March is National Nutrition Month, when the Academy of Nutrition and Dietetics reminds everyone to return to the basics of healthy eating. It is also the time of year when the Academy celebrates expertise of registered dietitian nutritionists as the food and nutrition experts.
Eating right and staying fit are important no matter what your age. As we get older our bodies have different needs, so certain nutrients become especially important for good health.
Calcium and Vitamin D
Older adults need more calcium and vitamin D to help maintain bone health. Have three servings of vitamin D-fortified low-fat or fat-free milk or yogurt each day. Other calcium-rich foods include fortified cereals and fruit juices, dark green leafy vegetables and canned fish with soft bones. If you take a calcium supplement or multivitamin, choose one that contains vitamin D.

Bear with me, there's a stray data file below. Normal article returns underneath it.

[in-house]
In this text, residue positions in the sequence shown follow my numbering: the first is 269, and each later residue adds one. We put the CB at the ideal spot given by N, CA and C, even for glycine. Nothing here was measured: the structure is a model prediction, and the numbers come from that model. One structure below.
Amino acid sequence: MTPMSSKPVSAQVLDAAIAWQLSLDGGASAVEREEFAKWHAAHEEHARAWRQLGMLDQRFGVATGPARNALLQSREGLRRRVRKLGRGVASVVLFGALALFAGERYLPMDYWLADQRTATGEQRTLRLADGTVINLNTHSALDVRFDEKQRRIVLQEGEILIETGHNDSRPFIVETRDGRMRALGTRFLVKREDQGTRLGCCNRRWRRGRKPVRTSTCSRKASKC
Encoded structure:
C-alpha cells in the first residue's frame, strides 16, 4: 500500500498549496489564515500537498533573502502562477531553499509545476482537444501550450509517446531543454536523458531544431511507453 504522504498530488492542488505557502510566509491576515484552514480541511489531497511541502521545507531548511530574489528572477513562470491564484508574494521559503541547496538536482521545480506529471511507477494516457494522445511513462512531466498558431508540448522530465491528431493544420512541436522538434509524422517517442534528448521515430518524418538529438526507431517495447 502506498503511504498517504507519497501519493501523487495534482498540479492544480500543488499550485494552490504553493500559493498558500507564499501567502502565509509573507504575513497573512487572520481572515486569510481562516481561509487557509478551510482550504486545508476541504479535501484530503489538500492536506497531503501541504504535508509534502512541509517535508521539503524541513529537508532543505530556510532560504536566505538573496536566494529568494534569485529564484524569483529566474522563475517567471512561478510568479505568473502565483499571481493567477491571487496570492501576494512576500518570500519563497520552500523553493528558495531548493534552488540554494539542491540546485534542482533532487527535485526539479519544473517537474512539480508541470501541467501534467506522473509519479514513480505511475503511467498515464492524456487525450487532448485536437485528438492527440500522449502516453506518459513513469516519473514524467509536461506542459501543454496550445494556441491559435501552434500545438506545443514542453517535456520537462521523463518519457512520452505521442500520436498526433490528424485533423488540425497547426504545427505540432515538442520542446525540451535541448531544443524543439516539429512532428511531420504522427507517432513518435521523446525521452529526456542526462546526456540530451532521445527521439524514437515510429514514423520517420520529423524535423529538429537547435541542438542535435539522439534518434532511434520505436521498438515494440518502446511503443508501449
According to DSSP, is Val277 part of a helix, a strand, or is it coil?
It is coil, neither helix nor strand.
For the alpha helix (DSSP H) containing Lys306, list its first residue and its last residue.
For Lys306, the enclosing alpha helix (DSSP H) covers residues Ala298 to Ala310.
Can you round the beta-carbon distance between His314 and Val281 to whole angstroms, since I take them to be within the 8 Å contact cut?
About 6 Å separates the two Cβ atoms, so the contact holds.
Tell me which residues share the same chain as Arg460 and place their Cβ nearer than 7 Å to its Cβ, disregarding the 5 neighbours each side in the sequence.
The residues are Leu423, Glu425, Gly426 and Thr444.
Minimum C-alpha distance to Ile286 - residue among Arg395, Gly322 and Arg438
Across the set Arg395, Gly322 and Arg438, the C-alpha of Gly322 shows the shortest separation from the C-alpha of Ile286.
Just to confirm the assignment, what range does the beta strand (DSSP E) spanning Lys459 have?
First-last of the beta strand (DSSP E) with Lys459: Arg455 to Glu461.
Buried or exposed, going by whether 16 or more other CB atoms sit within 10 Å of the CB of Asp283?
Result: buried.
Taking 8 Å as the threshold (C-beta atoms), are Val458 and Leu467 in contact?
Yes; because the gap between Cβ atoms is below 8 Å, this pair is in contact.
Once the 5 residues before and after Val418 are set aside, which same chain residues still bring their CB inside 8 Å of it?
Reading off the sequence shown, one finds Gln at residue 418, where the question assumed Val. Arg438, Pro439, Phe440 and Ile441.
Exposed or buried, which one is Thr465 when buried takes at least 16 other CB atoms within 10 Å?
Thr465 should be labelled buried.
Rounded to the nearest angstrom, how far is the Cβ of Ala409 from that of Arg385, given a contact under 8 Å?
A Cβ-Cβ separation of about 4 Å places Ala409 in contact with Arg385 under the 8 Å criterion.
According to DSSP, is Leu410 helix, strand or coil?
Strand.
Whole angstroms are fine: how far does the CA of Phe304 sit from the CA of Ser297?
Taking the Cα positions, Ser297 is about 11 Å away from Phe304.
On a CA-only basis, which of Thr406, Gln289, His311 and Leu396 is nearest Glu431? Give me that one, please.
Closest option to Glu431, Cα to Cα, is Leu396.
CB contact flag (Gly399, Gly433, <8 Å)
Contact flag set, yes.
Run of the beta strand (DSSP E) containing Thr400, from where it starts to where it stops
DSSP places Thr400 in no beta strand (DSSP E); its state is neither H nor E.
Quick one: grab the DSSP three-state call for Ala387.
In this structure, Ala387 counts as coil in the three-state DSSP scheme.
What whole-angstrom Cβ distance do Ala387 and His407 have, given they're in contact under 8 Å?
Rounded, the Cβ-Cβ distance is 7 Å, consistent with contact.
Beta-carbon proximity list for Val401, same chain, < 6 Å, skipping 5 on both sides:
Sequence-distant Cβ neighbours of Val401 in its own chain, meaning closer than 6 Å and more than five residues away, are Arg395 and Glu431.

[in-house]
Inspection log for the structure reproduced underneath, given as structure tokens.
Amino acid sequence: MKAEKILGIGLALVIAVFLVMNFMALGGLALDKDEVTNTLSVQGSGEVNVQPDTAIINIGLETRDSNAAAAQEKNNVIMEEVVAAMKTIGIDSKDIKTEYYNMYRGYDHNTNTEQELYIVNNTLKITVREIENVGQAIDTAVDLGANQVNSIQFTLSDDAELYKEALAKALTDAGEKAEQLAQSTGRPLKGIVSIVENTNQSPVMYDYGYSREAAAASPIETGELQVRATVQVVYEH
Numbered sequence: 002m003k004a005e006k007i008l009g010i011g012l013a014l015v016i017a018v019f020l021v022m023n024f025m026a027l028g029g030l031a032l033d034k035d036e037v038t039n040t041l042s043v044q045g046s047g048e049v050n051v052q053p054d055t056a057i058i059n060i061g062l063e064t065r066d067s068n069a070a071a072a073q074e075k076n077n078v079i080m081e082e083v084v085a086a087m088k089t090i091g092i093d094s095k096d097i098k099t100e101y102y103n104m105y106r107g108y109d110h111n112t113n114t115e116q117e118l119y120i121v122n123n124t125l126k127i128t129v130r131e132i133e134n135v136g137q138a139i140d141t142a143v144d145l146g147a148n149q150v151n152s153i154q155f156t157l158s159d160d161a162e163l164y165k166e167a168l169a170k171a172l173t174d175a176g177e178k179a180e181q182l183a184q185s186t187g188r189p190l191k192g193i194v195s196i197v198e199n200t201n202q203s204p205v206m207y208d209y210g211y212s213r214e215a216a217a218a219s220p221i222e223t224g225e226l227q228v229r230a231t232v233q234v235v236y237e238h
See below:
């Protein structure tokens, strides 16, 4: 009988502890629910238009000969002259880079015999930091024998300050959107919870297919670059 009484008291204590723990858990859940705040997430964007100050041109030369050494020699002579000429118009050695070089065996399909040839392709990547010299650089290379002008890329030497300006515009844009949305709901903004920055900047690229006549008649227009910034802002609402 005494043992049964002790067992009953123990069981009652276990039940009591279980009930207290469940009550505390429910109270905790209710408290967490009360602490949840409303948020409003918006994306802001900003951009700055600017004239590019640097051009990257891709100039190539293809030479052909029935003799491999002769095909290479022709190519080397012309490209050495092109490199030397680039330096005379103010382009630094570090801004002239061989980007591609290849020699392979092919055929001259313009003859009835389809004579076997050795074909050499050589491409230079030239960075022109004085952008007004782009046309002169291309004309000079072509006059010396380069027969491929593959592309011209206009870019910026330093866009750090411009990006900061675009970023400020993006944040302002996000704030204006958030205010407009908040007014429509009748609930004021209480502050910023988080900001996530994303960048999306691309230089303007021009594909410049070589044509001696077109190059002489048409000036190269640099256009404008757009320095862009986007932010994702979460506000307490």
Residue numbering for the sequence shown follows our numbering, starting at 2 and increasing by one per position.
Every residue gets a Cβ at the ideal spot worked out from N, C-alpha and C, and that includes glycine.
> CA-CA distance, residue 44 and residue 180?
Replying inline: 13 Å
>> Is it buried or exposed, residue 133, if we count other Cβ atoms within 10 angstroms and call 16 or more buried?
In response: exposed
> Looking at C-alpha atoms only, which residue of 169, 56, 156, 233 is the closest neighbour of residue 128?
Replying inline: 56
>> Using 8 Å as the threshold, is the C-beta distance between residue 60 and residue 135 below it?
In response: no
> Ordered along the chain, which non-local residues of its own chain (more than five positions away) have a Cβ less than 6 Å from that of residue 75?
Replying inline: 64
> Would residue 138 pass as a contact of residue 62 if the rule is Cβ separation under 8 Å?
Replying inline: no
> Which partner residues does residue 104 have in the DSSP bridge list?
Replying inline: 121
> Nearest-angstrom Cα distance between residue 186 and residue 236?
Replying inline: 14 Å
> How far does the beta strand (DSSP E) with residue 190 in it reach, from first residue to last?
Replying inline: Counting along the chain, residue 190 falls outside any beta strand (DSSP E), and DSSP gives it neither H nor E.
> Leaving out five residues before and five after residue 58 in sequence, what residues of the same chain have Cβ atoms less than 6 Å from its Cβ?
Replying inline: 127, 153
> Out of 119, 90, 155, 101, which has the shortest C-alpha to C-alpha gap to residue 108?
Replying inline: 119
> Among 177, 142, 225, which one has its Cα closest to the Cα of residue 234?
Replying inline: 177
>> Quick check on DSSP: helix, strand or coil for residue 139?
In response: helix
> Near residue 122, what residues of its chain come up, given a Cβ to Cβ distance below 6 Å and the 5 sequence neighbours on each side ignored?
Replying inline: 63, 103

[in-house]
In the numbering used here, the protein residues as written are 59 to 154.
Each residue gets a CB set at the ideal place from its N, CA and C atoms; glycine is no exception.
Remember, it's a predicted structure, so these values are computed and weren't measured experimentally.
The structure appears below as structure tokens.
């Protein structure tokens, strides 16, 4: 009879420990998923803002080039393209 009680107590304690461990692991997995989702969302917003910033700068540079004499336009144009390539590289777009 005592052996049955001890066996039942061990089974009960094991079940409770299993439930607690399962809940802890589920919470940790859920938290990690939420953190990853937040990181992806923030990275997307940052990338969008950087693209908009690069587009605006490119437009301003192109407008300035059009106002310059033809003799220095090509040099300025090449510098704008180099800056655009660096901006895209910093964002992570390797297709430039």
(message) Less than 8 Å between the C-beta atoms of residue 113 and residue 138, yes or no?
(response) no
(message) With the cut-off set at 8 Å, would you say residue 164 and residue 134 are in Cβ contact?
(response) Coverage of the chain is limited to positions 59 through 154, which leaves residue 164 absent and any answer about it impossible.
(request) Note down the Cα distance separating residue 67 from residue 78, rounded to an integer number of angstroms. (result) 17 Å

Many people older than 50 do not get enough vitamin B12. Fortified cereal, lean meat and some fish and seafood are sources of vitamin B12. Ask your doctor or a registered dietitian nutritionist if you need a vitamin B12 supplement.
Eat more fiber-rich foods to stay regular. Fiber also can help lower your risk for heart disease, control your weight and prevent Type 2 diabetes. Eat whole-grain breads and cereals, and more beans and peas — along with fruits and vegetables which also provide fiber.
Increasing potassium along with reducing sodium (salt) may lower your risk of high blood pressure. Fruits, vegetables and low-fat or fat-free milk and yogurt are good sources of potassium. Also, select and prepare foods with little or no added salt.
Know Your Fats
Foods that are low in saturated fats and trans fat help reduce your risk of heart disease. Most of the fats you eat should be polyunsaturated and monounsaturated fats. Check the Nutrition Facts panel on food labels for total fat and saturated fat.